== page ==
Hospital-Acquired Infective Endocarditis: Should the Definition be Broadened?

Ben-Ami, Ronen; Giladi, Michael; Orni-Wasserlauf, Ruth; Siegman-Igra, Yardena; Carmeli, Yehuda
March 2004
Clinical Infectious Diseases;3/15/2004, Vol. 38 Issue 6, p843
Academic Journal
Hospital-acquired infective endocarditis (IE) is a growing health-care problem. Hospital-acquired IE, according to the commonly used definition, is IE manifesting ≥72 h after admission to the hospital or within several weeks after a hospital-based invasive procedure. To assess the validity of this definition, we evaluated 87 episodes of IE, with special attention to recent hospitalizations. The incidence rate of IE in the 6-month period after discharge from the hospital was 27 cases per 100,000 person-years, compared with 1.1 cases per 100,000 person-years in a population with no recent hospitalizations. Furthermore, episodes of IE manifesting during this 6-month period were notable for a high proportion of typically hospital-acquired pathogens (26% vs. 0%; P = .001) and a low proportion of viridans streptococci (0% vs. 36%; P < .001) compared with community-acquired episodes that did not involve recent hospitalization. We conclude that characteristics of hospital-acquired IE extend to episodes arising within 6 months after discharge from the hospital and suggest that the definition of hospital-acquired IE be broadened to include these episodes.


Related Articles

  • MRSA colonisation in patients with proximal femur fractures in a German trauma centre: incidence, infection rates and outcomes. Gessmann, Jan; Kammler, Jessica; Schildhauer, Thomas; Kaminski, Andrzej // Langenbeck's Archives of Surgery;Jan2012, Vol. 397 Issue 1, p117 

    Purpose: The aim of this study was to assess the incidence of methicillin-resistant Staphylococcus aureus (MRSA) colonisation in patients admitted into a level 1 German trauma centre with proximal femur fractures, to correlate this incidence with defined risk factors for MRSA colonisation and to...

  • Secular Trends in Hospital-Acquired Clostridium difficile Disease in the United States, 1987--2001. Archibald, Lennox K.; Banerjee, Shailen N.; Jarvis, William R. // Journal of Infectious Diseases;5/1/2004, Vol. 189 Issue 9, p1585 

    We reviewed Clostridium difficile-associated disease (CDAD) data from the intensive care unit (ICU) and hospital-wide surveillance components of the National Nosocomial Infections Surveillance System hospitals during 1987-2001. ICU CDAD rates increased significantly only in hospitals with >500...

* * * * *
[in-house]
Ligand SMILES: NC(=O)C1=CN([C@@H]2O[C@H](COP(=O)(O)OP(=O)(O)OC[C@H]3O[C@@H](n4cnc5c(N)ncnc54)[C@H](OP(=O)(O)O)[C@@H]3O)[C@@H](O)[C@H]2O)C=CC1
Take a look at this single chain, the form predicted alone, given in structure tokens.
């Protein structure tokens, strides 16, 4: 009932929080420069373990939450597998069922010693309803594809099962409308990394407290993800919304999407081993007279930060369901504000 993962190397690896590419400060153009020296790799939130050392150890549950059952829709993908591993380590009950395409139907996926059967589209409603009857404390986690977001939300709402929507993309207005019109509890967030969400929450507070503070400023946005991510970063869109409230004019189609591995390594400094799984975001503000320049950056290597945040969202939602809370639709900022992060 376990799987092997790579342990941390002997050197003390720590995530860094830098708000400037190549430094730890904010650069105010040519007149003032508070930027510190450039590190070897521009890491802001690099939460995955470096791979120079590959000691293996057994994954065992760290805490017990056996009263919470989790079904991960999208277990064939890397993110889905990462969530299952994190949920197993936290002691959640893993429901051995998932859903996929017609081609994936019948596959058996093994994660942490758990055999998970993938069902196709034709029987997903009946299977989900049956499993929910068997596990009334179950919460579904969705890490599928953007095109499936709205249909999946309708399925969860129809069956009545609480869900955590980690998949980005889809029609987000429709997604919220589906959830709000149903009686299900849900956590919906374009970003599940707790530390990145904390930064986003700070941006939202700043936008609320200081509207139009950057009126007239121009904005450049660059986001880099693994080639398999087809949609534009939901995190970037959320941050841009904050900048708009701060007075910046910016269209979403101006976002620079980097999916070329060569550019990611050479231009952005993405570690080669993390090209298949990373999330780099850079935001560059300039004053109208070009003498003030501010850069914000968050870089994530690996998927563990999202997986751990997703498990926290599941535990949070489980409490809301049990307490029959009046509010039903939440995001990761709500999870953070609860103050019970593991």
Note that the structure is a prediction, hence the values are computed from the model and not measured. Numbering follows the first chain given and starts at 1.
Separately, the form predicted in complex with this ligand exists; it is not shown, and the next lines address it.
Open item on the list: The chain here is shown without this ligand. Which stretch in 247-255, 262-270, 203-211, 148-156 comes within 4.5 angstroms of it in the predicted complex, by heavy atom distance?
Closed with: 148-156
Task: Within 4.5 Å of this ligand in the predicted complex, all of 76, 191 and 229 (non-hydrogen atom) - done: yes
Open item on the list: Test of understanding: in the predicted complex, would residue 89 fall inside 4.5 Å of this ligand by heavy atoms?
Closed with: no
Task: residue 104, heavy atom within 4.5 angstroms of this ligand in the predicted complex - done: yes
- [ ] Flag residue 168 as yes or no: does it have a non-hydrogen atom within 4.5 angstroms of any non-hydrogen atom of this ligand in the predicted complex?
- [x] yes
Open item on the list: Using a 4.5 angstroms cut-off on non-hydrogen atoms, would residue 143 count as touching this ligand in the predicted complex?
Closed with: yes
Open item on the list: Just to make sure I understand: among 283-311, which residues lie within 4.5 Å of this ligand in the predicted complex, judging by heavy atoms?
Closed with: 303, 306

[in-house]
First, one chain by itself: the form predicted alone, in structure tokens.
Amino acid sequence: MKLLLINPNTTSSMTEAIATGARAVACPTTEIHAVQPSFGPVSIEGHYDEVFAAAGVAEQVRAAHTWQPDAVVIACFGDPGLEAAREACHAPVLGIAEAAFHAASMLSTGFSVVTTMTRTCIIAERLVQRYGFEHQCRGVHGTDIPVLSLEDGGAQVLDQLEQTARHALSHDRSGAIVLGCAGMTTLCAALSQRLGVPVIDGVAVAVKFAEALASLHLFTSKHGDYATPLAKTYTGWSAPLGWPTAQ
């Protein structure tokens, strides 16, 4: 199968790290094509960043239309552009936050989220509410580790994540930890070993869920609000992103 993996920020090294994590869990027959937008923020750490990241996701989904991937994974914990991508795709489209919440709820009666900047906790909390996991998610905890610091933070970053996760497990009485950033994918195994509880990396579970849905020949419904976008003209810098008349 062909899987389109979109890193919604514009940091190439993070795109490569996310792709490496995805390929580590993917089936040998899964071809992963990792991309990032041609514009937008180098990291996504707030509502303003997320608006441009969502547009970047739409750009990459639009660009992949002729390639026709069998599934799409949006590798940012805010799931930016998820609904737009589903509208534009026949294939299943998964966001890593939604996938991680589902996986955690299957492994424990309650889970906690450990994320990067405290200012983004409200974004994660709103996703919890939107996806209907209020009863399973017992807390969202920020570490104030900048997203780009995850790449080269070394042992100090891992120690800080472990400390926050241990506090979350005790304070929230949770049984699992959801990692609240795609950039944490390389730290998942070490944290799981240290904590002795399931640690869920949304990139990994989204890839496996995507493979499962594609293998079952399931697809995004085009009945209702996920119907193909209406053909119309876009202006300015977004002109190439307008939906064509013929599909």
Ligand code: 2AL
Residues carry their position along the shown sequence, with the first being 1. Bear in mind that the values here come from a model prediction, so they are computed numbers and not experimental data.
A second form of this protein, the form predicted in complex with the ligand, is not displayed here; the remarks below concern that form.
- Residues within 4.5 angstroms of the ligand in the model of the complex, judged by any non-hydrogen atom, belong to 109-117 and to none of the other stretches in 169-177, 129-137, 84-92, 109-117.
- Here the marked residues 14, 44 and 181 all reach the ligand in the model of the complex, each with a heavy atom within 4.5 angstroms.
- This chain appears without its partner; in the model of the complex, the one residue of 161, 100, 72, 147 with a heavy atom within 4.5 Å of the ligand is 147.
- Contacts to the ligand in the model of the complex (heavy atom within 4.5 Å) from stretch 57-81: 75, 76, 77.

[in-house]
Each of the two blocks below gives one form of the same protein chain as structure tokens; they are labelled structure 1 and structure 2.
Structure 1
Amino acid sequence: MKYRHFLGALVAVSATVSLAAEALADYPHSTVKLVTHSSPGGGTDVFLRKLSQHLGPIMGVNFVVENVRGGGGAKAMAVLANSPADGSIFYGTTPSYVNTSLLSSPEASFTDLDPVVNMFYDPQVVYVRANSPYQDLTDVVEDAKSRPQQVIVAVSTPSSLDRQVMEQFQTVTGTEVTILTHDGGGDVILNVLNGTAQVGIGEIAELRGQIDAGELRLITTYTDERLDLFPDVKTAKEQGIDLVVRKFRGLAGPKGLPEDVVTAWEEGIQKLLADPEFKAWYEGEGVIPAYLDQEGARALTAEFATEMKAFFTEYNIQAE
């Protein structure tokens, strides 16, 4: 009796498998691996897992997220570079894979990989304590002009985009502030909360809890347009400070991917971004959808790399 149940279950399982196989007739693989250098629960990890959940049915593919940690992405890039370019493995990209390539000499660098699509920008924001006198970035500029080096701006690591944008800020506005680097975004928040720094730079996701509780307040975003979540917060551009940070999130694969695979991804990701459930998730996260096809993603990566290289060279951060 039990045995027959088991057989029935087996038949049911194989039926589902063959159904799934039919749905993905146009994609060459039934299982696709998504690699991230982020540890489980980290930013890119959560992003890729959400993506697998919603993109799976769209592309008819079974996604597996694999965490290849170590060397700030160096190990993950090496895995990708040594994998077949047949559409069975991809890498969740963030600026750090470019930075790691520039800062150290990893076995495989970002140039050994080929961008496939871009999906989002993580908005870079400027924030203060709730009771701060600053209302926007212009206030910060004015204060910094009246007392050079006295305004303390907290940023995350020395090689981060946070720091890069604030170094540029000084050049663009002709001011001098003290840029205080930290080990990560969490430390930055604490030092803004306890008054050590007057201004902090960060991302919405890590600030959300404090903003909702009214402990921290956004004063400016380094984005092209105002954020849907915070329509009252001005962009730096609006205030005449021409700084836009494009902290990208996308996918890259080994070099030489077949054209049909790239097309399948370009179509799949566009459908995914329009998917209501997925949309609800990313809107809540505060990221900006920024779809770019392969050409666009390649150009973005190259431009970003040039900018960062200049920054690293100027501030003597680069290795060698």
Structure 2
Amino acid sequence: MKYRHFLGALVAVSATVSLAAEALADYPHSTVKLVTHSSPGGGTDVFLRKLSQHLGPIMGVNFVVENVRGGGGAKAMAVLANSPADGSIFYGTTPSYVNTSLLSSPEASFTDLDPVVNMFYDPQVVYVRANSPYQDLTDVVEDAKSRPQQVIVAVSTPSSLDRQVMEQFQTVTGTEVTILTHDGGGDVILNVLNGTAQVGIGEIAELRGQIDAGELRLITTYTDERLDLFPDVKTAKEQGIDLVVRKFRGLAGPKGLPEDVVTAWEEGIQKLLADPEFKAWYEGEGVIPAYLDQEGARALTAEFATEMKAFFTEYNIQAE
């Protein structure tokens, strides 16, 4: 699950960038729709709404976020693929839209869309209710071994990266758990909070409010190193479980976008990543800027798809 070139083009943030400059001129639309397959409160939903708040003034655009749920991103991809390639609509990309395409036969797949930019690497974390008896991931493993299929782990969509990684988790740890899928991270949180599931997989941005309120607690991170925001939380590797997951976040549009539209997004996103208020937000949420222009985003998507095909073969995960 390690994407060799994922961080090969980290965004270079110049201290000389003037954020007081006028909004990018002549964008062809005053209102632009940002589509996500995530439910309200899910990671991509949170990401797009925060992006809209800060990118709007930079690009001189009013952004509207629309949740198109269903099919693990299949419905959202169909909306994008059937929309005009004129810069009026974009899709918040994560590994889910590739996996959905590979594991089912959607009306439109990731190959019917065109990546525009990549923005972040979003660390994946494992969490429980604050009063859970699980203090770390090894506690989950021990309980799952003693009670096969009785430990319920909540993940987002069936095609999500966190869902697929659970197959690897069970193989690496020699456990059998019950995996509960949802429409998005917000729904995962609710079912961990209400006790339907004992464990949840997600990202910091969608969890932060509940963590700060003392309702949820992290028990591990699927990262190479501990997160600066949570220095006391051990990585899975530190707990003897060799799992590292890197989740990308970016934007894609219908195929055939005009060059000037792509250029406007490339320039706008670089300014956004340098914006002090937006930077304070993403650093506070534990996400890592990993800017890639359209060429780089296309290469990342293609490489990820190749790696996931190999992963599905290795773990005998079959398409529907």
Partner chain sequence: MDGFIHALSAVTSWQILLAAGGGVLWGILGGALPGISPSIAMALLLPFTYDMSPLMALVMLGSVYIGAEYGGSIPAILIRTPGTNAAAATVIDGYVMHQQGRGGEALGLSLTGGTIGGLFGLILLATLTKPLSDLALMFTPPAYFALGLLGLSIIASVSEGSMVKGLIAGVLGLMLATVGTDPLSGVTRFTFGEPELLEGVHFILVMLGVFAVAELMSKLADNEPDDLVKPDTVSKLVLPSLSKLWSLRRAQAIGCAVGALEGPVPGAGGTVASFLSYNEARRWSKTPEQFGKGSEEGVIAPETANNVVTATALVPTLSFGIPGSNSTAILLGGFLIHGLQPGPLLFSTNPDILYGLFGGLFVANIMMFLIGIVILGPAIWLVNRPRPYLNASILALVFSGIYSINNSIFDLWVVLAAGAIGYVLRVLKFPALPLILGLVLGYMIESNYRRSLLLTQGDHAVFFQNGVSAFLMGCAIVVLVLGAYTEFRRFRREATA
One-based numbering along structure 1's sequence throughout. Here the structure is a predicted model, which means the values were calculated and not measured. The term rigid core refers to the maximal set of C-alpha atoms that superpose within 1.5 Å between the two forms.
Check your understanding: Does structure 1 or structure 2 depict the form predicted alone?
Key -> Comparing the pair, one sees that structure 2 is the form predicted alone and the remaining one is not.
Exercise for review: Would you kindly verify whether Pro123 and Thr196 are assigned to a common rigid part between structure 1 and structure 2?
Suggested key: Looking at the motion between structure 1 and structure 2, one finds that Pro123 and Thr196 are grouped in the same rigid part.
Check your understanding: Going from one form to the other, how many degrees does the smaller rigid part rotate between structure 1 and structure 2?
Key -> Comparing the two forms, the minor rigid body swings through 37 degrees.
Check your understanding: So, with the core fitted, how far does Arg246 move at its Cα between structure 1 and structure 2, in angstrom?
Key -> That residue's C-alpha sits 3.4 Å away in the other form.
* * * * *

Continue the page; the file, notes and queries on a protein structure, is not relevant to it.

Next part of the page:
• Continuous Follow-up of Surgical Site Infections for 30 Days After Colorectal Surgery. Kobayashi, Minako; Mohri, Yasuhiko; Inoue, Yasuhiro; Okita, Yoshiki; Miki, Chikao; Kusunoki, Masato // World Journal of Surgery;Jun2008, Vol. 32 Issue 6, p1142 

    Surgical site infection (SSI) prolongs hospital stay, increases medical costs, and occasionally leads to mortality. Our goal was to clarify the differences in SSI incidence between our own data and the National Nosocomial Infections Surveillance (NNIS) data. From January 2003 to December 2006,...

  • CE/CME questions.  // Hospital Infection Control;Apr2007, Vol. 34 Issue 4, p46 

    A multiple choice quiz regarding hospital infection control is presented.

  • INFECTION CONSULT. Kirkis, E. Jacquelyn // RN;Nov81, Vol. 44 Issue 11, p139 

    Presents guidelines for preventing nosocomial infections. Modes of transmission; Information on nosocomial infections; Benefit of hand washing.

  • Nosocomial Infections In Paediatrics: Simple Preventive Measures, Great Results. Guevara, Javier Nieto; Calder�n, Dora Estripeaut; De la Guardia, Mar�a G. Arambur�; S�ez-Llorens, Xavier // Current Pediatric Reviews;2006, Vol. 2 Issue 1, p53 

    A nosocomial infection (NI) is an infection contracted in a hospital or other health-care facility. An essential requirement for the diagnosis of NI is the lack of evidence of infection (subclinical or within the incubation period) on admission to the hospital. The onset of a NI usually begins...

  • Comparison of Two Surveillance Methods for Detecting Nosocomial Infections in Surgical Patients. Beaujean, D.; Veltkamp, S.; Blok, H.; Gigengack-Baars, A.; van der Werken, C.; Verhoef, J.; Weersink, A. // European Journal of Clinical Microbiology & Infectious Diseases;Jun2002, Vol. 21 Issue 6, p444 

    Nosocomial infections play a role in quality and cost control in health care. Surveillance of these infections is the only way to gain more insight into their frequency and causes. Since the results of surveillance may lead to changes in both patient and hospital management, which are sometimes...

  • Evaluation of Factors Delaying Discharge in Acute Orthopedic Wards: a Prospective Study. Rambani, Rohit; Okafor, Ben // European Journal of Trauma & Emergency Surgery;Feb2008, Vol. 34 Issue 1, p24 

    Prolonged hospitalization due to delayed discharge not only increases cost, it also increases the risk of medical complications e.g., hospital acquired infections. Length of stay (LOS) is one of the indicators that reflect total cost of care during hospitalization. The study was planned to...

  • Editorial. Patterson, Pat // OR Manager;Feb2007, Vol. 23 Issue 2, p3 

    The article discusses the prevalence of hospital infections in the U.S. in 2007. To demonstrate this situation, the author cites the case of a father who developed infections following his hospital admission. The causes of his infections are indicated. The author also observes that experts...


Read the Article


Sorry, but this item is not currently available from your library.

Try another library?
Sign out of this library

Other Topics